The little girl thought her brother was bossy and annoying.

Many people thought the little girl would never be a mommy. She didn’t know how to take care of dolls, and she couldn’t sew or cook. Everyone thought that you had to be able to sew and cook in order to be a mommy. The little girl didn’t really care. She wanted to be an astronaut.

The little girl became a teenager and stopped being little. She still couldn’t sew or cook, and she was painfully shy around people she didn’t know. Apart from a couple of short-lived attempts at relationships, she didn’t have boyfriends. People still didn’t think she would ever become a mother. The girl still didn’t care about that, but she was starting to wonder if she would be alone for her whole life.

When she went away to university, the girl – now a young woman – met a man who flattered her and made her feel special. But then he hurt her and made her feel worthless. Now the young woman didn’t want to be a mother. She didn’t want to be a wife. She wanted to be alone, and for a long time, she was.

The woman grew older and moved to another country. One day, when she was sitting in a park, a man sat down beside her and told her she had beautiful eyes. When she looked at him, she felt as if she was looking at her future.

The man and woman moved into a house together. They had a baby, and two years later, they had another one. The woman had become a mother! She loved her children more than anything, and her children loved her.

The woman no longer thought her brother was bossy and annoying. He walked her down the aisle when she got married.

When a doctor told the woman that her older son had autism, she cried. But after a few years, she knew that even though there would be hard times, her child would be OK, because he had a family who loved him.

(Photo credit: Kirsten Doyle)


Lego On The Roof

As a person who (a) suffers from social anxiety disorders and (b) is a bit of technogeek, I have very few friends who I have actually met in person, and quite a lot who I have communicated with only through the magic of the Internet. It is always a bit of a thrill when I can actually meet – face to face – one of my online friends.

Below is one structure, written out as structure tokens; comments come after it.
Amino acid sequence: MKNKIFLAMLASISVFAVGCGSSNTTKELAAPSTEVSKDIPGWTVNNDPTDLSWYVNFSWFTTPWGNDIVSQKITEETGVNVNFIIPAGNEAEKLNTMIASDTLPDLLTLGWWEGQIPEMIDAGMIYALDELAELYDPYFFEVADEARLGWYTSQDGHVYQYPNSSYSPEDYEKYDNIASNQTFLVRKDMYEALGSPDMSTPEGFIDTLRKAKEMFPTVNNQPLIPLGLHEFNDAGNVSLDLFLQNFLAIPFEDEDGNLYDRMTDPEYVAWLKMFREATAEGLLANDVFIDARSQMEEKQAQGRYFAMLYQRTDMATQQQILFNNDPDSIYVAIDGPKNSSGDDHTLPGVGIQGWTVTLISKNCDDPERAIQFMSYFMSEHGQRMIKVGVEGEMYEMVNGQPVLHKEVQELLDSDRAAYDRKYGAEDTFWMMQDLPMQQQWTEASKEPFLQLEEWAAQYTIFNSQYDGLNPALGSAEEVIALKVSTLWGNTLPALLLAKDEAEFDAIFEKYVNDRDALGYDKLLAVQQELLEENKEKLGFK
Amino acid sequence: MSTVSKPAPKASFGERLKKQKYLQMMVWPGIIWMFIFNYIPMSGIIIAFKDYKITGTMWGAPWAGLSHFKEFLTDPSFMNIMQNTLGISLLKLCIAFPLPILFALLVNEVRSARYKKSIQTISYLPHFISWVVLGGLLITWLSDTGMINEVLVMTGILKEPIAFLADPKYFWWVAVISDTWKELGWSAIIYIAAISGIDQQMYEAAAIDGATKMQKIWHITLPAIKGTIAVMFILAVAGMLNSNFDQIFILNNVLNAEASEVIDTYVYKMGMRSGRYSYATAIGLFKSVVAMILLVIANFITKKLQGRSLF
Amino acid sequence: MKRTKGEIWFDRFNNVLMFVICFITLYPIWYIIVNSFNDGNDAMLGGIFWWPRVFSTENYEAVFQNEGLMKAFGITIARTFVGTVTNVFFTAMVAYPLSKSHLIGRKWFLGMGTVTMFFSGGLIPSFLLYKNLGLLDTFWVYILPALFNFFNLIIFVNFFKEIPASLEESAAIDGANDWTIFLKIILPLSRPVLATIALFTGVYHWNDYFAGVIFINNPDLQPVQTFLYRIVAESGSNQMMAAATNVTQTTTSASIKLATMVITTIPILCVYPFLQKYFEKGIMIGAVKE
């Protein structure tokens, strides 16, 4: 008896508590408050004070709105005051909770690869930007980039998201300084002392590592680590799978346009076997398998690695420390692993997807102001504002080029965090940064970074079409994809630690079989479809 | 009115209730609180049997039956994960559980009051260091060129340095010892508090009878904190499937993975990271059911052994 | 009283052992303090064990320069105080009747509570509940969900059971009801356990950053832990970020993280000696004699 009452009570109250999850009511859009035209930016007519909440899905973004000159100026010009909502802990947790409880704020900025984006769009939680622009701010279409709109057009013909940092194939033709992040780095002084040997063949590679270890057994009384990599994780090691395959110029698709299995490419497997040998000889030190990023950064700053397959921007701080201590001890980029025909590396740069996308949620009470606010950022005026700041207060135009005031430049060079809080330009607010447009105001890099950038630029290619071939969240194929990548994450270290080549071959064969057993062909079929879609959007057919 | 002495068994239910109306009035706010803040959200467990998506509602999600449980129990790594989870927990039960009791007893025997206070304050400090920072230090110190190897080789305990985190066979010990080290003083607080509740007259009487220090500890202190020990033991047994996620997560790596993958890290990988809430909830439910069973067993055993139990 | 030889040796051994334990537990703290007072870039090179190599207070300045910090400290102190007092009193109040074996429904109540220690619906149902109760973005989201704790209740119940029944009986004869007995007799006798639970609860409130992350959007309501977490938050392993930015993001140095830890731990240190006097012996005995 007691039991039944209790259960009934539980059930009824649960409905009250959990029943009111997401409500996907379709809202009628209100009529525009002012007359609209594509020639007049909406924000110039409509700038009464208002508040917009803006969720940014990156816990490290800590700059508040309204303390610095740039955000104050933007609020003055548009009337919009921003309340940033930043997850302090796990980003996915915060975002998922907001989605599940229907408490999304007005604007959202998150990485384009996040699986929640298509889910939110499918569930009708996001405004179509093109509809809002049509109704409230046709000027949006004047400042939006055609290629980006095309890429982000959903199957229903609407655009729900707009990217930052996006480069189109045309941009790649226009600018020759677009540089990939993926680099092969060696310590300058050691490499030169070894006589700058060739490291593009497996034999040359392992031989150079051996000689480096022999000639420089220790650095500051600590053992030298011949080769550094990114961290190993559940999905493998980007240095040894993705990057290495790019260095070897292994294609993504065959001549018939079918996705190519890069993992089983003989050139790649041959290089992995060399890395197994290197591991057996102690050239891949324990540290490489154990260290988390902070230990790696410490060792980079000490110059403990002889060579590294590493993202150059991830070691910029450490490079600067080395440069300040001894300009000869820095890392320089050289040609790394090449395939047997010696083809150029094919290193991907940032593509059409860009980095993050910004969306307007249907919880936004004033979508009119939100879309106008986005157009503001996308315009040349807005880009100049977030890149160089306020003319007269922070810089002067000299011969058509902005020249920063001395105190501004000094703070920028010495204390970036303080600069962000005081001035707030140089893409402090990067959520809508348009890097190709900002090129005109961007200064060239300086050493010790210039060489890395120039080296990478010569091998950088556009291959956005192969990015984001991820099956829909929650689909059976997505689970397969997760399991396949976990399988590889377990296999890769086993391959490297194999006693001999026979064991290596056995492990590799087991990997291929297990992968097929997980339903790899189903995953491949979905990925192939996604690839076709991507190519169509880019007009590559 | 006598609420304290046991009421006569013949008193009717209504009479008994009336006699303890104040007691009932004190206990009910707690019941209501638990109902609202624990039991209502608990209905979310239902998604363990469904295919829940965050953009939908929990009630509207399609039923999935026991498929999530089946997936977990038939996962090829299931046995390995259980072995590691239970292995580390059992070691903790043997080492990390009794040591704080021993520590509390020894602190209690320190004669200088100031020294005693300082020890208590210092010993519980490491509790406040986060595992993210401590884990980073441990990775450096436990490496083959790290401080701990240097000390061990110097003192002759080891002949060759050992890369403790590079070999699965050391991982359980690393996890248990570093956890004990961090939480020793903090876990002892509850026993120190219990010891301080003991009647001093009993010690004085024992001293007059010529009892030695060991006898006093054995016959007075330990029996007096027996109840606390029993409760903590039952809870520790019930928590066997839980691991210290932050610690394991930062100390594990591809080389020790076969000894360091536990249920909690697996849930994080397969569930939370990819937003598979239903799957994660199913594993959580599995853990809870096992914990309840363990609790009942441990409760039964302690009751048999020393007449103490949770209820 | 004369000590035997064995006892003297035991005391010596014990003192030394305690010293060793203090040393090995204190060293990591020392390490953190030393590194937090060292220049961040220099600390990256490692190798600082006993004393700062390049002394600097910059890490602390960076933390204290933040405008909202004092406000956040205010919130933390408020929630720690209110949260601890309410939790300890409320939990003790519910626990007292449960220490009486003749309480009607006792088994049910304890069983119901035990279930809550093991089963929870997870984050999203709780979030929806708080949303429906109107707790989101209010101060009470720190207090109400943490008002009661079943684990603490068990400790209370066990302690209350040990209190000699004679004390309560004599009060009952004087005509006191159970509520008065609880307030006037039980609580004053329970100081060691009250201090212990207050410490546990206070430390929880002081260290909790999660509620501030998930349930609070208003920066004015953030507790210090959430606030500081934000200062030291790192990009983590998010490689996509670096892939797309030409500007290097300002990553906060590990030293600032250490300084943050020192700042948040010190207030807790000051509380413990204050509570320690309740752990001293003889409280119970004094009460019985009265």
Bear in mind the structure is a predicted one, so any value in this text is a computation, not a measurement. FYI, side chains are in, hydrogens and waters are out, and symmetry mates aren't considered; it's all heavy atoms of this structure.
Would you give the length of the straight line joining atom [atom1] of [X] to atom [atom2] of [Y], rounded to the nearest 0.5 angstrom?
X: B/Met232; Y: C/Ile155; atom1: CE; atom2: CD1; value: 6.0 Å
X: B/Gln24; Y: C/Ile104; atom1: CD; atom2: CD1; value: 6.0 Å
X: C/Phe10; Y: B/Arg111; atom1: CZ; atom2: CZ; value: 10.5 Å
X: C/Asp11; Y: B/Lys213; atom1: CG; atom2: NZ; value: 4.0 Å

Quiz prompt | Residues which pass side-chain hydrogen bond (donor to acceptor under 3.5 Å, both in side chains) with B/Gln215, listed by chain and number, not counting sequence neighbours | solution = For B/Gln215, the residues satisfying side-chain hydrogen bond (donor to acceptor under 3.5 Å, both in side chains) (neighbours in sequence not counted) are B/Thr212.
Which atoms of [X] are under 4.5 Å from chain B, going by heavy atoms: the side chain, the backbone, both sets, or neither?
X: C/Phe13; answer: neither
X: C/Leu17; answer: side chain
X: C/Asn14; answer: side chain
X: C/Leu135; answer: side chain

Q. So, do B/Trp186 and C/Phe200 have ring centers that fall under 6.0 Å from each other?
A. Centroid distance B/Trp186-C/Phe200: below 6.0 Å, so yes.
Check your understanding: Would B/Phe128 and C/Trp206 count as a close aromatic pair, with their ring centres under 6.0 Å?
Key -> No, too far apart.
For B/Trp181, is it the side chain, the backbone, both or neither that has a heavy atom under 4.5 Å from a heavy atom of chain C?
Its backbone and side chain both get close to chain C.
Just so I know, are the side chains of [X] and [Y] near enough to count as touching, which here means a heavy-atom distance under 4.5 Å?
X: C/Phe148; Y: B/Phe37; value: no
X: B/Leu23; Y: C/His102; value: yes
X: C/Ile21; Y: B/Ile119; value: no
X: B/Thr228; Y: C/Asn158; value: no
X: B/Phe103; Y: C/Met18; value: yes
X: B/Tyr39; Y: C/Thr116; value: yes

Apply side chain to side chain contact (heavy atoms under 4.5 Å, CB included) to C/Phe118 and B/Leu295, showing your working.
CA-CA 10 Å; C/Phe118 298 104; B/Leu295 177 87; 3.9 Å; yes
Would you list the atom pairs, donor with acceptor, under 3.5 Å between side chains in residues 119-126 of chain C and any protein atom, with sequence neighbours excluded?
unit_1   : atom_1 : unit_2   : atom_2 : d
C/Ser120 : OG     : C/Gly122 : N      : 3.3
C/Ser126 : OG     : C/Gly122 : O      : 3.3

Yesterday I got that opportunity, when a friend who lives a couple of hours away came to visit with her husband and little boy. We all had a wonderful time. My friend is even more fun in person than she is online, and we already have plans in the works to meet up again.

When this absolutely delightful family left, my husband went off to his factory to admire his latest handiwork, and I settled down in the living room to watch Olympic swimming and weave words into pictures.

The kids wandered onto the deck to play, and I was easily able to keep track of them from where I was sitting. All I had to do was turn my head from time to time to make sure I could still see them, and as long as I heard the thump-thump noise of their feet hitting the wooden deck as they ran around, I knew the status quo was being comfortably maintained.

At one point when I looked around, James seemed to be somewhat taller than usual. Also, he was holding a long stick. I was so comfortable in my seat, though, and since no-one was screaming I decided that it would not be necessary to actually get out of my seat. A verbal reprimand issued at reasonable volume should suffice.

“James, put the stick down!” I called.

“But then George will try to get the Lego off the roof,” he called back.


I went out to the deck, and there was James standing on the table, poking at the roof with the stick. I stepped back a few paces and almost tied my neck in a knot in my efforts to bend it far enough, and sure enough, I just managed to make out the unmistakable bright yellow glint of Lego.

“How did it get there?” I asked, perplexed.

“I threw it there,” said James in a matter-of-fact tone, as if this kind of thing happened every day.

There are times when parenting should operate on a need-to-know basis, and I decided that this was something that I did not need to know. I went into the back yard and lugged the ladder onto the deck. I set it up, and stood there looking at it with growing anxiety.

Here’s the thing. I am absolutely petrified of ladders. I always imagine that something terrible will happen while I’m up on one. The thing will collapse beneath me and I will crack open my skull and break seventeen bones. Or it will fall over and I will be trapped on the roof forever, subsisting on bugs and droplets of water from the rain gutter.

If I didn’t get the Lego, however, George would have a meltdown of epic proportions. The fact that I got up on that ladder and made my shaky way to the top is proof that I love my children more than life itself and would do absolutely anything for them.